Every year I find it amazing the changes to rational consumer behaviour on Black Friday. Retailers seemingly use heavy discounts and promotional tactics that ultimately bring out the worst of humankind. We’ve all seen the images of hordes of ferocious shoppers, wrestling each other to get a flat screen TV..
Alot has been written about how businesses can capitalise on Black Friday and seize the season of gift giving. However, it’s not about how businesses and retailers can make the most of Black Friday. Instead, it should be about understanding why people are motivated to hit the stores at that particular time.
How is it that on this particular day of the year, consumers abandon all civility and exhibit a sense of greed? The answer is evolutionary. People are reverting to primal tendencies, exhibiting the conscious and unconscious motivation to survive. Their biology, behaviours, emotions and sense of self-control are all working in service to ensure “survival”. Black Friday isn’t about the things people want. It’s about the things people need.
Here are the three reasons Black Friday is actually about survival:
The fear of scarcity
In some ways shopping is like hunting and gathering. The moment a resource seems unavailable, we are hardwired to want it more, for the sake of survival. The more limited it seems, the more we are willing to sacrifice rationality to get it. Retailers know this, often portraying a false sense of scarcity that gets people shopping like they’re preparing for a natural disaster. By promoting shortages, they’re creating an artificial urgency that gets us wanting more.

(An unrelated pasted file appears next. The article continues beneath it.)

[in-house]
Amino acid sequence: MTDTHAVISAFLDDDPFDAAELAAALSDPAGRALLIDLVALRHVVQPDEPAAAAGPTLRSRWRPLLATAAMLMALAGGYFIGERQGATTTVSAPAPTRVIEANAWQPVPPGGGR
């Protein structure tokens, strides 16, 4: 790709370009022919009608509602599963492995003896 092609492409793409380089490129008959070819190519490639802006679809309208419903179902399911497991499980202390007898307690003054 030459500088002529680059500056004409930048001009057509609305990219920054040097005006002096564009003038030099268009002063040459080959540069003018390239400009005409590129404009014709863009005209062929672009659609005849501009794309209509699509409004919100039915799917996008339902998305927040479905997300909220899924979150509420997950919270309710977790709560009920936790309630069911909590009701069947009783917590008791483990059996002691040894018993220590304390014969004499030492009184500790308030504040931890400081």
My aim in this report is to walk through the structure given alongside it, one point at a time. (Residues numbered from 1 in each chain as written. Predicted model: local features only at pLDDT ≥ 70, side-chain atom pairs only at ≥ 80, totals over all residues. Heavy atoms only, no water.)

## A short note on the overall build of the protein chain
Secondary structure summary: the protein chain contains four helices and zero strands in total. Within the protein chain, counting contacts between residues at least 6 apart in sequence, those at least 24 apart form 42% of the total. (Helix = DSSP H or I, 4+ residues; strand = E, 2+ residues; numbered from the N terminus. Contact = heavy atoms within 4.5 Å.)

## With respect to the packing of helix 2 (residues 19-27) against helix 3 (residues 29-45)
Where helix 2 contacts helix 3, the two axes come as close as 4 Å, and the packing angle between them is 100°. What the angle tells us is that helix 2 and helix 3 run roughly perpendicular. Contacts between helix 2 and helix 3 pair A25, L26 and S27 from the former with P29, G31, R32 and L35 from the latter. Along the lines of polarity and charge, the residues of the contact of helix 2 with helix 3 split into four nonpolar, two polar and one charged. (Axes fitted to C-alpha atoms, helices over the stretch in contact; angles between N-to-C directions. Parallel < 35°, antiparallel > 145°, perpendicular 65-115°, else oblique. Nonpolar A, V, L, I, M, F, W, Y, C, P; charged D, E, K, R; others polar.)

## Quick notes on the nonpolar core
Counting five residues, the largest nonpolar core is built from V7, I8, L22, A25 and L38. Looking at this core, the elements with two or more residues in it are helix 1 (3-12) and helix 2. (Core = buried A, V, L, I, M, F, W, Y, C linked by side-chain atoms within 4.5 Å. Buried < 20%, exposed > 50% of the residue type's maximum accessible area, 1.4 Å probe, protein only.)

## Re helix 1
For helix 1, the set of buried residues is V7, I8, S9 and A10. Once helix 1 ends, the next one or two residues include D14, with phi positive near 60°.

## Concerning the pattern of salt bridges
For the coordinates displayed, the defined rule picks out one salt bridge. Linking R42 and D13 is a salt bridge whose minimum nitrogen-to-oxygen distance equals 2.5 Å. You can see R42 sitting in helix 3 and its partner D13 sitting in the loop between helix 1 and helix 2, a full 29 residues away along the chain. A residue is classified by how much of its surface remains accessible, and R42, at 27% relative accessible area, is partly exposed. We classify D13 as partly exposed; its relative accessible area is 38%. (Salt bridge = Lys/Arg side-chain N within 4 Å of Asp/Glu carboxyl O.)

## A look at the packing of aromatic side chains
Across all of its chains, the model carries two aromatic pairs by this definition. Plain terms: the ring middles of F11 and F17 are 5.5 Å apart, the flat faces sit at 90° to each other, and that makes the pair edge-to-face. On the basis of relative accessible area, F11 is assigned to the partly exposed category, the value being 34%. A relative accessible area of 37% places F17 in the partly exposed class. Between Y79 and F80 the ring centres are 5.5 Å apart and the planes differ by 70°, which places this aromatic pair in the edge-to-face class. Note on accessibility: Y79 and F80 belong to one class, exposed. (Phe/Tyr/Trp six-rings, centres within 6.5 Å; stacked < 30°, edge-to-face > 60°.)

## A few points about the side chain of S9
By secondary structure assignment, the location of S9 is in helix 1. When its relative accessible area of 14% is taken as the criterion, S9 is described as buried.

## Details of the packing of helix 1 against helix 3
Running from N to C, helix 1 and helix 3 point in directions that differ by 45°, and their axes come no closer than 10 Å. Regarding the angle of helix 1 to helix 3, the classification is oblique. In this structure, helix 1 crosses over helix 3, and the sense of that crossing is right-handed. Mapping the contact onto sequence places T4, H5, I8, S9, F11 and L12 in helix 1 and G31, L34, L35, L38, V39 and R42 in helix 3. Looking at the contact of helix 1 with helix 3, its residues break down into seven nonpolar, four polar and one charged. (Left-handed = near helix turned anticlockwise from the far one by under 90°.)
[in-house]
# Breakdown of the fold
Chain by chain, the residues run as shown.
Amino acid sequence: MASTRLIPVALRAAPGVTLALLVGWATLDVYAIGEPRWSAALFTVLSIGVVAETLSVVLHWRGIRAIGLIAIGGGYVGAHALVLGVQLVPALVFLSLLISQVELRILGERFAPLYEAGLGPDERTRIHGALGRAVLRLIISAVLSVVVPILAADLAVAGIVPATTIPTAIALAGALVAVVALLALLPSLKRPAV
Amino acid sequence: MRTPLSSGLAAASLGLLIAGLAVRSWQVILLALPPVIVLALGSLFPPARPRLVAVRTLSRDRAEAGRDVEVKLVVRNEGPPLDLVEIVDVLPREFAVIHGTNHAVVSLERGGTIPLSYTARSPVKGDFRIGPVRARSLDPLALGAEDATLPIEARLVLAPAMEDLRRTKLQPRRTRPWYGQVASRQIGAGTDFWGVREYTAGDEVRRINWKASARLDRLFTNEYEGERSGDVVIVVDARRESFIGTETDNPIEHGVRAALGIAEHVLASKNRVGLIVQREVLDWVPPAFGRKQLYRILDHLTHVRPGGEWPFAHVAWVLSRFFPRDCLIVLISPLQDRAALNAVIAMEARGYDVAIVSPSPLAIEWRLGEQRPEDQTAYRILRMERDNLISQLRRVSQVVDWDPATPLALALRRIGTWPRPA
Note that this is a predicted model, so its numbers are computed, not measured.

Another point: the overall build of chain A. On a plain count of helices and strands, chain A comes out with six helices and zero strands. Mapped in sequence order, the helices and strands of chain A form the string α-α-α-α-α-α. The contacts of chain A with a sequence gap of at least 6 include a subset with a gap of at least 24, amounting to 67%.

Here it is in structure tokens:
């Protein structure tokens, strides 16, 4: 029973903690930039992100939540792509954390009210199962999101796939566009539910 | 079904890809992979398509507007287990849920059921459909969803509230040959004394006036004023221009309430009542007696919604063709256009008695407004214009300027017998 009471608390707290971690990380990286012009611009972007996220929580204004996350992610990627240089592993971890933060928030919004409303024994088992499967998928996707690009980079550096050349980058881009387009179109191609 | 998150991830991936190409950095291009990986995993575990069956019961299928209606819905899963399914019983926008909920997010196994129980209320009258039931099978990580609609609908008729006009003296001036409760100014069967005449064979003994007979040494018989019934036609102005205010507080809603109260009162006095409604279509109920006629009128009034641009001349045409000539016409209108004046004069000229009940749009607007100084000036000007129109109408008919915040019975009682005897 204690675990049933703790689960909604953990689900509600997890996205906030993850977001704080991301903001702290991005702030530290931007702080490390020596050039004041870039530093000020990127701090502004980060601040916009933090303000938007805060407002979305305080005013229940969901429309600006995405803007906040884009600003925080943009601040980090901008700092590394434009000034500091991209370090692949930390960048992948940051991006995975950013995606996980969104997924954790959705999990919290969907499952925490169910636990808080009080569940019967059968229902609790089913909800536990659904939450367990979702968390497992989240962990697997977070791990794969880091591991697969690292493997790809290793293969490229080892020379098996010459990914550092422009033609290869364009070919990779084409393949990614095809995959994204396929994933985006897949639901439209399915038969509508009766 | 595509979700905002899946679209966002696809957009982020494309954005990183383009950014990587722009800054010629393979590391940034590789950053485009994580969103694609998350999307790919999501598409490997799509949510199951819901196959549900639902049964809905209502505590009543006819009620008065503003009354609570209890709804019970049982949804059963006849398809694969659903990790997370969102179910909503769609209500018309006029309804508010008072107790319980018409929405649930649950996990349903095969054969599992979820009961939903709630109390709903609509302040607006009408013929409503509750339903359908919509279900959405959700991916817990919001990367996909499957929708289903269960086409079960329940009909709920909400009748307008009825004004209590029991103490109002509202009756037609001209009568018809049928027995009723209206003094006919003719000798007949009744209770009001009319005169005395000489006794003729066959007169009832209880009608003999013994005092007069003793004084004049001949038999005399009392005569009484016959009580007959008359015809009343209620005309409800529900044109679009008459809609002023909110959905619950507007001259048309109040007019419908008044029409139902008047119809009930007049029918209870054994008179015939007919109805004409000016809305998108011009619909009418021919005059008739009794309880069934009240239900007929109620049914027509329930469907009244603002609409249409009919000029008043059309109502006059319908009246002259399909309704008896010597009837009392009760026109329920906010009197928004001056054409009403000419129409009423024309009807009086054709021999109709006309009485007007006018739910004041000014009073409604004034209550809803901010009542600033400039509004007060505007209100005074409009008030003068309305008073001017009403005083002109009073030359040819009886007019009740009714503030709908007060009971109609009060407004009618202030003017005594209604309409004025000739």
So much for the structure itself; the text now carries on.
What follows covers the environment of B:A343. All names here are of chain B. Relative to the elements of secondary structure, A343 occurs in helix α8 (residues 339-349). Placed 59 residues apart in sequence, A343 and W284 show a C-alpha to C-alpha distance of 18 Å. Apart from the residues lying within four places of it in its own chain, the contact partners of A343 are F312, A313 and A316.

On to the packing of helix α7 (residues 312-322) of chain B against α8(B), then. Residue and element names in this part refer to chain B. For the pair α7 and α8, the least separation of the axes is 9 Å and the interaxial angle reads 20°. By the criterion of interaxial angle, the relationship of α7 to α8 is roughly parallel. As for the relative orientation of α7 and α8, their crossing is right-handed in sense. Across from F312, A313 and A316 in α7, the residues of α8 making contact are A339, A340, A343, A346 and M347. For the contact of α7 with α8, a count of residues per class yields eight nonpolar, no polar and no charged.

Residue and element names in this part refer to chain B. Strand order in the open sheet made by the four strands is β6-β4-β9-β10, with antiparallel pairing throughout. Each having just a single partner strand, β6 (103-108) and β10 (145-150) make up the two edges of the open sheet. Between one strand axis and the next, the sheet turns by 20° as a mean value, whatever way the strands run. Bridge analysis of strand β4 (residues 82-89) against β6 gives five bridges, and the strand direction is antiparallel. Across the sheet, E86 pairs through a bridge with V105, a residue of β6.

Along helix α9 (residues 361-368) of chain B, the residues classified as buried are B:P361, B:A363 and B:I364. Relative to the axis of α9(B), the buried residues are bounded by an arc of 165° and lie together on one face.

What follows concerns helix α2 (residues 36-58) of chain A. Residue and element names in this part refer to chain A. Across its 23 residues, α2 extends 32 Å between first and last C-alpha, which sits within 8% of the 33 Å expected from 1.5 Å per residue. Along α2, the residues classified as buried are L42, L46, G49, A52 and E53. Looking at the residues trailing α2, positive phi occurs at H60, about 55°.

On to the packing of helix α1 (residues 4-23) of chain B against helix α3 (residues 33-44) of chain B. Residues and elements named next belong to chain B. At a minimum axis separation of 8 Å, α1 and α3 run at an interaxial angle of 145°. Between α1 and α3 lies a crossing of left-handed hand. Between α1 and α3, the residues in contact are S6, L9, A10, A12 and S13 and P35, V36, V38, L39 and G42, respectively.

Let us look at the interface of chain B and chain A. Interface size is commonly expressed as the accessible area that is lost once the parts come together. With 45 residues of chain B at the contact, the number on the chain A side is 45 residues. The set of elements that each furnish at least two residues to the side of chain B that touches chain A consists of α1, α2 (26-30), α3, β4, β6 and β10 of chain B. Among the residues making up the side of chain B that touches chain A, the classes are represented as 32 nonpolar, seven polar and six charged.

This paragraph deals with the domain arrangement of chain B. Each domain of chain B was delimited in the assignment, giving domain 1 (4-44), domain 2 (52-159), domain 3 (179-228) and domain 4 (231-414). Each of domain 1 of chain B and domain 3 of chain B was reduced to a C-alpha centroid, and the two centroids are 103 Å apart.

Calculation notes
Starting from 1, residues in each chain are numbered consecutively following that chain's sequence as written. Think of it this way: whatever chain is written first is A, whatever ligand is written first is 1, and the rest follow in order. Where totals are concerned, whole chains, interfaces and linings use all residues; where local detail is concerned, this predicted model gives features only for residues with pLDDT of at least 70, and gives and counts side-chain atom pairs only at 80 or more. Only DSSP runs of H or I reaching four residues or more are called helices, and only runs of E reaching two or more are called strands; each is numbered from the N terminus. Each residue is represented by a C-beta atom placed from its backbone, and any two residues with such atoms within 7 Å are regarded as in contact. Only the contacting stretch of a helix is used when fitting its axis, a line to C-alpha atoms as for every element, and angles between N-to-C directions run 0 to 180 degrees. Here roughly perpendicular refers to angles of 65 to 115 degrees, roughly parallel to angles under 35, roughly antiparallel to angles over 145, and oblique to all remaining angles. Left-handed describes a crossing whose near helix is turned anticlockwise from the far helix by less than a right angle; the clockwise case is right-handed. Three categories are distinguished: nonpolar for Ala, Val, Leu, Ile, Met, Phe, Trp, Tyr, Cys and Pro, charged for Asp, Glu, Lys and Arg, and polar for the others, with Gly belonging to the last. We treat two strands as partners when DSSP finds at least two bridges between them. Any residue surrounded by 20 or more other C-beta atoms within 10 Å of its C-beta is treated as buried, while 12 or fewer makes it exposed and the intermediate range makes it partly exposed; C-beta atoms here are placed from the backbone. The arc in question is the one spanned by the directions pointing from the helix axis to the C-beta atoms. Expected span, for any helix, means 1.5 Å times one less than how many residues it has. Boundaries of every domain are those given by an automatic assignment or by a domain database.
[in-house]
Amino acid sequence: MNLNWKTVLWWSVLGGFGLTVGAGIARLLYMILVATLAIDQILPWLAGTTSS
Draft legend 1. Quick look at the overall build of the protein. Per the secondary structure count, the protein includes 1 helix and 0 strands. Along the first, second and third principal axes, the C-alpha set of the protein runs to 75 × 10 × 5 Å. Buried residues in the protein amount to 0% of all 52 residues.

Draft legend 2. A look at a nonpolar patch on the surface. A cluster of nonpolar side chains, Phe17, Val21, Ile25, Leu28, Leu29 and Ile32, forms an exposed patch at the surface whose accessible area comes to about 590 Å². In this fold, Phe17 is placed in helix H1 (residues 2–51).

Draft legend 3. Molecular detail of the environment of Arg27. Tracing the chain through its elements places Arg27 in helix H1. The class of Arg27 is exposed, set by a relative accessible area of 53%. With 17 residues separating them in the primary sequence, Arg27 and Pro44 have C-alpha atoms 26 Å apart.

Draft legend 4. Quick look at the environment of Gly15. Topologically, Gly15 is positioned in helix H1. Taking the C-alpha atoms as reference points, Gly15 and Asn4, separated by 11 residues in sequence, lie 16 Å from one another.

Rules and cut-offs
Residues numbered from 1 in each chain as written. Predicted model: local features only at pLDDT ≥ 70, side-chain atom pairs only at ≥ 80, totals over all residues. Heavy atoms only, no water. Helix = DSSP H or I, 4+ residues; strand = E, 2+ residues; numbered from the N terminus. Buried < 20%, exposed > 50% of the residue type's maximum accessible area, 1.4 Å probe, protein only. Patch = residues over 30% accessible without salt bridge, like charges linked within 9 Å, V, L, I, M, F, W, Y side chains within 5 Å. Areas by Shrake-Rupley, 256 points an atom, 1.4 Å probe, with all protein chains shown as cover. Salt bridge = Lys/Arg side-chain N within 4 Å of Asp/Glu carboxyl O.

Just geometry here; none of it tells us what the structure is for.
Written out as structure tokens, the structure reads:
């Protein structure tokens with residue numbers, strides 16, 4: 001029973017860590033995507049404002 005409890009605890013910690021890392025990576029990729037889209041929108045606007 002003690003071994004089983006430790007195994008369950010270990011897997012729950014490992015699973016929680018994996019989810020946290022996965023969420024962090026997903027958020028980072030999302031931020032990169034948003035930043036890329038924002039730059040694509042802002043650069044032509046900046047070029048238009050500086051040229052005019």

The threat to fairness
Humans, like all animals, have a desire for fairness. We are predisposed to value our greatest advantage over anyone else’s. So when we see a seemingly unbelievable deal, say, a 52” flat screen TV for £200, we can’t help but buy it even if we already have a TV. Black Friday deals are so blunt that they assure us that we’re not paying an unfair price at some other time. If we know someone else is paying less for the same stuff, it feels deeply violating and against our primal drive. Black Friday arouses our competitive spirit. The only thing people care about as much as their stuff is justice.
The sense of belonging
In nature, the way to ensure survival is to be part of a group. Eating, sleeping, hunting and traveling as a group provides a sort of peace of mind when it comes to survival. Humans need to belong. We feel safe when we are part of a group, and threatened even, when we are on the outside. Black Friday press suggests everyone is engaging in one specific behaviour – hunting for deals. As a result, we adopt that same behaviour to stay in sync with the greater group.